HSI Baltimore investigation leads to guilty plea for 20-year fugitive for conspiring to export defense equipment to Iran
BALTIMORE – An investigation conducted by Homeland Security Investigations (HSI) Baltimore field office and Department of Defense Office of Inspector General, Defense Criminal Investigative Service (DCIS) Mid-Atlantic field office led to En-Wei Eric Chang pleading guilty to a federal conspiracy charge, related to the export of defense materials to Iran. Such materials were embargoed under the Iranian Transactions and Sanctions Regulations (ITSR). Chang, a 48-year-old citizen of the United States and the Republic of Taiwan who had been a fugitive from justice in the U.S. for 20 years, entered the guilty plea Jan. 31 at the U.S. District Court in Baltimore, Maryland. Chang had been on HSI’s list of most wanted fugitives.
Exporting arms, munitions, military aircraft parts, and related components and technology from the United States is strictly controlled. The Munitions List is a catalog of designated “defense articles” which are subject to certain export and import restrictions. Any person who intends to export defense articles on the Munitions List from the United States is required to first obtain a license and must identify in the required license application the ultimate and final destination of the goods. At the time of the conspiracy, it was the policy of the United States to deny licenses, other approvals, and exports of defense articles destined for Iran.
According to the investigation, from January 2002 and March 2003, Chang conspired with David Chu to ship items on the Munitions List to Iran without obtaining the proper licensing. Chu had a business relationship with an Iranian businessman and was the sole individual in contact with the Iranian businessman during the time of the conspiracy. In 2001 Chu became acquainted with Chang through Chang’s work as an electrical component supplier.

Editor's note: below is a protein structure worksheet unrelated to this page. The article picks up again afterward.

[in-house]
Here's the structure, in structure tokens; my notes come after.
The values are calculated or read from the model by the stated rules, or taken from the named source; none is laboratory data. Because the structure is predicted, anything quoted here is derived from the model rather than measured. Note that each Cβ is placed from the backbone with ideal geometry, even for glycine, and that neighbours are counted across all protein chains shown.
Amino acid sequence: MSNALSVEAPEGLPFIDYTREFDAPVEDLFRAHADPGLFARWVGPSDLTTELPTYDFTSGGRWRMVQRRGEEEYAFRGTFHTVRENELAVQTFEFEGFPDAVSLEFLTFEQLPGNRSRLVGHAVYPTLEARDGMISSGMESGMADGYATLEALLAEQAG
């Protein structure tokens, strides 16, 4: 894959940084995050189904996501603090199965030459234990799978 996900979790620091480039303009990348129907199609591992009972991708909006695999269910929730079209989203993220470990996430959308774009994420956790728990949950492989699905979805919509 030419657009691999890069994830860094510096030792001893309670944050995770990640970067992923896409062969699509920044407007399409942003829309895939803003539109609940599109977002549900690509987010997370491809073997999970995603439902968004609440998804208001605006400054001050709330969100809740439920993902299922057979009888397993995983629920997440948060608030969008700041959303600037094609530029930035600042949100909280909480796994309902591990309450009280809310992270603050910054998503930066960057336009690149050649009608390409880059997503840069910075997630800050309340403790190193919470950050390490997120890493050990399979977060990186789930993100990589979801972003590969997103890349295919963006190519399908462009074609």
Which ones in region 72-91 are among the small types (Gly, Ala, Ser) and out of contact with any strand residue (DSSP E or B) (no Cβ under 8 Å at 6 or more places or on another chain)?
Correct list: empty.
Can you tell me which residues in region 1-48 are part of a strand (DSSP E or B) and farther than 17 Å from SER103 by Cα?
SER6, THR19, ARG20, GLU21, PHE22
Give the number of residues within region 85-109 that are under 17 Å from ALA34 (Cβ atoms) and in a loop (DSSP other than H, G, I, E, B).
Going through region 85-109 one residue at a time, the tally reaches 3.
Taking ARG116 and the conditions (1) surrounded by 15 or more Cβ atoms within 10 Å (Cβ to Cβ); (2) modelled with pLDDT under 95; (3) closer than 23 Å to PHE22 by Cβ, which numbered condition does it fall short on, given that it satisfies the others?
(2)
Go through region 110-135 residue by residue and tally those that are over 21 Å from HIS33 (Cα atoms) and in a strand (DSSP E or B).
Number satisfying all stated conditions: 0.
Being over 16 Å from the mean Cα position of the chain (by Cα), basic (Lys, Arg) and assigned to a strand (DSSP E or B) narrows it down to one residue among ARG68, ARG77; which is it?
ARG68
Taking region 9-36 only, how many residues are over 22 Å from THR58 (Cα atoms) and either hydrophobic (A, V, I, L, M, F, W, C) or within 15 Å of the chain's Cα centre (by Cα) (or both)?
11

The investigation further illustrated that in January 2002, the Iranian businessman requested that Chu research satellite imagery dealers. Chu asked Chang to facilitate this request, and Chang agreed to do so. Shortly thereafter, Chang emailed a Maryland corporation to acquire high-definition satellite space images of Tehran, Iran for export from the United States to Iran. An undercover government agent based in Maryland ultimately responded to Chang, pretending to be a businessman who could help him acquire the satellite images from a defense contractor. The undercover agent told Chang: “if the items are going for end use in Iran, sending them there would be a violation of U.S. law.” Chang wrote back that the images could be sent to Taiwan, and that “from Taiwan to Iran my friend will take care of it.”
“HSI takes all violations of U.S. laws extremely seriously; especially those that threaten the security of our nation,” Harris said. “Mr. Chang, with the help of his co-conspirator, not only attempted to subvert those laws and weaken our national security, he then fled justice and remained a fugitive for 20 years. Mr. Chang couldn’t hide forever, and thanks to the uncompromising work of HSI Baltimore and our law enforcement partners, he will be forced to face the justice system that he sought to flee.”
Chang and the undercover agent communicated over several months regarding the status of the satellite images order. After Chu’s Iranian contact asked Chu to research and source antennas, on March 12, 2002, Chang contacted the undercover agent asking for quotes on antennas and included in his email specific part numbers for cavity-backed spiral antennas with military applications, including related to the detection and surveillance of ground-based radar. These antennas were designated as defense articles on the United States Munitions List. The undercover agent agreed to attempt to source the antennas.
Chang admitted that he knew that the acquisition of the antennas from the United States for export either directly or indirectly to Iran without proper licensing, was a violation of the laws of the United States. Chang also knew that he did not have the proper license or authorization.